While many may take pride in the Georgia Bulldogs being No. 5 in the country on the gridiron, there’s a separate top-five list Harris Blackwood wants to escape.
“We generally rank No. 5 in the country in terms of fatalities. That’s more than New York. That’s more than Michigan. That’s more than Ohio, states we think of as big states,” said Blackwood, director of the Georgia Governor’s Office of Highway Safety.
But in Hall County, the number of traffic fatalities in 2018 dropped to 26 compared to the 31 deaths in 2017. The Georgia Department of Transportation also has a preliminary 2018 fatality total of 1,467, which would be 82 deaths fewer than in 2017. Blackwood said those statistics may shift slightly while the numbers are verified, but the preliminary report is “very encouraging.”
“We certainly believe that the new Hands Free Law is having some impact. To what impact, we don’t know,” Blackwood said.
Georgia State Patrol wrote more than 3,000 tickets statewide in the first three months of the new law, which prohibits drivers from holding a cellphone. Exceptions were made for voice-to-text capabilities, navigational applications and streaming music, but the user cannot touch the phone while driving.
Total wrecks, however, were up in Hall County, as the number jumped to 9,041 reports compared to 7,191 in 2017.
One category that skyrocketed and perplexed Sheriff’s Office Lt. Todd Casper, who works with the traffic unit, was an increase of crash reports on private property, which are usually incidents in a parking lot or in a person’s driveway.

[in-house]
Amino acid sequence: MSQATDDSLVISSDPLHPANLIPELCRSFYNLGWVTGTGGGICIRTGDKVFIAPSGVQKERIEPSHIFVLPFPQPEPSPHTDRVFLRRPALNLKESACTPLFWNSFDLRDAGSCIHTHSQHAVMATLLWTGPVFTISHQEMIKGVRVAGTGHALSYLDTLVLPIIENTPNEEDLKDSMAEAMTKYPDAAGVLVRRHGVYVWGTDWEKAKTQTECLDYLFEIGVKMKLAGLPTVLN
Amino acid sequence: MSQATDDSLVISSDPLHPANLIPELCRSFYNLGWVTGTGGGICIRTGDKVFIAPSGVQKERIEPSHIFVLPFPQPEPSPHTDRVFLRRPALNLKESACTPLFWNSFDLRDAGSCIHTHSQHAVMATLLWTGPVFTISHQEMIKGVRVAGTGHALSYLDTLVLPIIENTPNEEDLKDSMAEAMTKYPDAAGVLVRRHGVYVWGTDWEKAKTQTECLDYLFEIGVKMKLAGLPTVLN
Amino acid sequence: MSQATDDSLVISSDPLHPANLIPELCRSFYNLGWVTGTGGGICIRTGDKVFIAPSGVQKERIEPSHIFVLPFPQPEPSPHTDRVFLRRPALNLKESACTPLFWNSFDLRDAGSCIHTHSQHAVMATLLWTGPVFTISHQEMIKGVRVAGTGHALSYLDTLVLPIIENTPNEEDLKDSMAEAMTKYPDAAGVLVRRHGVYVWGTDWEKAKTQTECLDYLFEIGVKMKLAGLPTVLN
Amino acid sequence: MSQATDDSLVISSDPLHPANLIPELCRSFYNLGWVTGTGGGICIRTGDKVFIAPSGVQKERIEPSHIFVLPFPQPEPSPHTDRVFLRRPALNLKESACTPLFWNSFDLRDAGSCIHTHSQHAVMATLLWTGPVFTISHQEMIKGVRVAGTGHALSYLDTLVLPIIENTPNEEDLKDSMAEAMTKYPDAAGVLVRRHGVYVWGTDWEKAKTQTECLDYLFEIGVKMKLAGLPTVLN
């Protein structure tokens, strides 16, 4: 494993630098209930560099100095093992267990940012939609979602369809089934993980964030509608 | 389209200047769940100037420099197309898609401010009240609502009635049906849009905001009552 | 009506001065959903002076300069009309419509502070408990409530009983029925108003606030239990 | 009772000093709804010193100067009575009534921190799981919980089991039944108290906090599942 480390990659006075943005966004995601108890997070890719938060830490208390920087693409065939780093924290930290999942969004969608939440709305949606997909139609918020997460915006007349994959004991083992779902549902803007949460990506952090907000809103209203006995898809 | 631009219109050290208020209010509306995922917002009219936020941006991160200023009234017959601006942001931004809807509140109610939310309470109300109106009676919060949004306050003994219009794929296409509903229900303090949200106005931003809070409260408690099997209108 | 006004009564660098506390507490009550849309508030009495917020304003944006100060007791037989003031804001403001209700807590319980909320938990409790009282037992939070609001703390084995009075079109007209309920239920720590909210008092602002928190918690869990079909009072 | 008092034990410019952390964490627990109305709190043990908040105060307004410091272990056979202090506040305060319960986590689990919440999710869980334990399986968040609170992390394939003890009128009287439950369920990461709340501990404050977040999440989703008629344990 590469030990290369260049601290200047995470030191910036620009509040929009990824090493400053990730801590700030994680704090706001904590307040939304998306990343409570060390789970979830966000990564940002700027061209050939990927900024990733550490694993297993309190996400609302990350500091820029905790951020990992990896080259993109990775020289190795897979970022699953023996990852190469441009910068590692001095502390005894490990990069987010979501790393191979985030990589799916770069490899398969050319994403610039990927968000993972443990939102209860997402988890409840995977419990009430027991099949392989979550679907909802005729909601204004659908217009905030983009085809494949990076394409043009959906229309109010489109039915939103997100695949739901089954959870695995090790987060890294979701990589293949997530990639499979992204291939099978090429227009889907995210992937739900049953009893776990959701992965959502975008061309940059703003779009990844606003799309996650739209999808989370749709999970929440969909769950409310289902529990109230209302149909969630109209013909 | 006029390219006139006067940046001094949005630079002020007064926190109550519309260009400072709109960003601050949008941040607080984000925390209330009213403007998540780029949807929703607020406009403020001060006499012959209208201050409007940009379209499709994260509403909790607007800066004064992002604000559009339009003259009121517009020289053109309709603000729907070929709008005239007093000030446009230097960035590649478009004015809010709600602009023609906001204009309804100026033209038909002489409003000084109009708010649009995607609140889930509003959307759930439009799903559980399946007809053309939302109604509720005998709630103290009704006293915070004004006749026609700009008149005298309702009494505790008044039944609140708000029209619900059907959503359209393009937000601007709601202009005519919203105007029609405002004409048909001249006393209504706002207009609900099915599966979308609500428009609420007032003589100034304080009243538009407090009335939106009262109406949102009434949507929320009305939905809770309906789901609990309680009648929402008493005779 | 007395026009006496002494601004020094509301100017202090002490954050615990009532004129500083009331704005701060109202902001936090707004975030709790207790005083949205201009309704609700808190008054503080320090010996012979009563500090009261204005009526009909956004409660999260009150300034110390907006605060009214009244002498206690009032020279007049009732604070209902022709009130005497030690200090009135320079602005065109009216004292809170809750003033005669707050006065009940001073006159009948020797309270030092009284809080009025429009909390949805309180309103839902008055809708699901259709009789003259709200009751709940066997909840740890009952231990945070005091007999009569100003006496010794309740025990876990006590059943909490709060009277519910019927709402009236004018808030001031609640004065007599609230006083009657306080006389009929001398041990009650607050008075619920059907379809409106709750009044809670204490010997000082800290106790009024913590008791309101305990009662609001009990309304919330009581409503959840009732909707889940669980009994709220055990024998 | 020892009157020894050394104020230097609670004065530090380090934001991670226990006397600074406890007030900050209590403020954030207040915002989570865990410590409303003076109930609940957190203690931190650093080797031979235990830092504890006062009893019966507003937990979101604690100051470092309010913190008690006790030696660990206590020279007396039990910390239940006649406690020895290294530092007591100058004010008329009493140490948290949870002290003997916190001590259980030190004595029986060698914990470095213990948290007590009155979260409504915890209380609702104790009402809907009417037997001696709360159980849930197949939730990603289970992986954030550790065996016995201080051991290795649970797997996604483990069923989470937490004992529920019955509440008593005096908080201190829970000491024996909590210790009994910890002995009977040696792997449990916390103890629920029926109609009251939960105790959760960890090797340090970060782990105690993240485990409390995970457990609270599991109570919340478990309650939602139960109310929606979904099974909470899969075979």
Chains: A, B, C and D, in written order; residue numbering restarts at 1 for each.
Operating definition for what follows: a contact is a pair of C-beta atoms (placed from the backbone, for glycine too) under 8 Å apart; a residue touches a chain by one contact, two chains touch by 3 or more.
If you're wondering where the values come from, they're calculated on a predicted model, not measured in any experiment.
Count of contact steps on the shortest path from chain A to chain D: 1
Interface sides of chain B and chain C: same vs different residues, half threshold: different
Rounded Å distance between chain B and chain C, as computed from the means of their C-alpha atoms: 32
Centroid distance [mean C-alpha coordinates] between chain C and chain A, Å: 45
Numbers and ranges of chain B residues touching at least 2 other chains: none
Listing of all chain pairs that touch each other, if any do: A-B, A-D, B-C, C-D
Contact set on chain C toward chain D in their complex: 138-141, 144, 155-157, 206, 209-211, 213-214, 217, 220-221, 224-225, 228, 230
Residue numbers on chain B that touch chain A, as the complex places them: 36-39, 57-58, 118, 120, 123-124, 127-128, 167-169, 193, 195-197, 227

In 2017, the private property report total was 379, but that jumped to 1,428 incidents in 2018.
“It may be some issue with insurance, that insurance is starting to make people file reports. I’m not sure,” Casper said.
The lieutenant recalled cases in commercial parking lots with no injuries or serious damage, but one of the individuals involved said they were going to need a report.
In Casper’s office, a scattershot of multi-colored thumbtacks and dots mark a map of Hall County. He gestured toward a row of red pins all along Friendship Road.
“These six (deaths) were within four months, right after that roadway opened,” Casper said of the expanded six-lane motorway.
But there was only one blue pin — representing 2018 fatalities — on that road, which fell under the Braselton Police’s jurisdiction.
Casper said one of his day-shift officers now spends most of his time patrolling in the Friendship Road area after concerns about speeding.
Four different residents near Mountain View Road voiced their concerns in the past month to the sheriff’s office, with each separately contacting Sheriff Gerald Couch, Casper’s traffic hotline, the headquarters’ community relations desk and another captain at the sheriff’s office.
The majority of Mountain View Road runs from McEver Road to Memorial Park Drive’s intersection with Atlanta Highway.
“None of them are the same person, and they’re all in a stretch that’s about 4 miles long,” Casper said.
In response to the complaints, Casper and his crew spent time out on Mountain View Road for the weekend preceding New Year’s Day and wrote 69 citations. Roughly two-thirds of those tickets were for speeding, as Casper caught one going 79 mph in a 40-mph zone.
Turning to the new year — which already saw two fatalities on New Year’s Day — Casper said he would have two of his day-shift officers to focus on Interstate 985 between the new exit 14 and exit 20.
At the statewide level, Blackwood said they are going to continue enforcement and education on the Hands Free Law as well as its Drive Alert, Arrive Alive campaign.
“You look at those fatalities, and it’s almost down the line — 25 percent of them roughly are from alcohol as a contributing factor. The other factor that is continuing to raise its head is drugged driving. The opioid problem is a real problem,” Blackwood said.
Traffic crashes and fatalities
From the Hall County Sheriff’s Office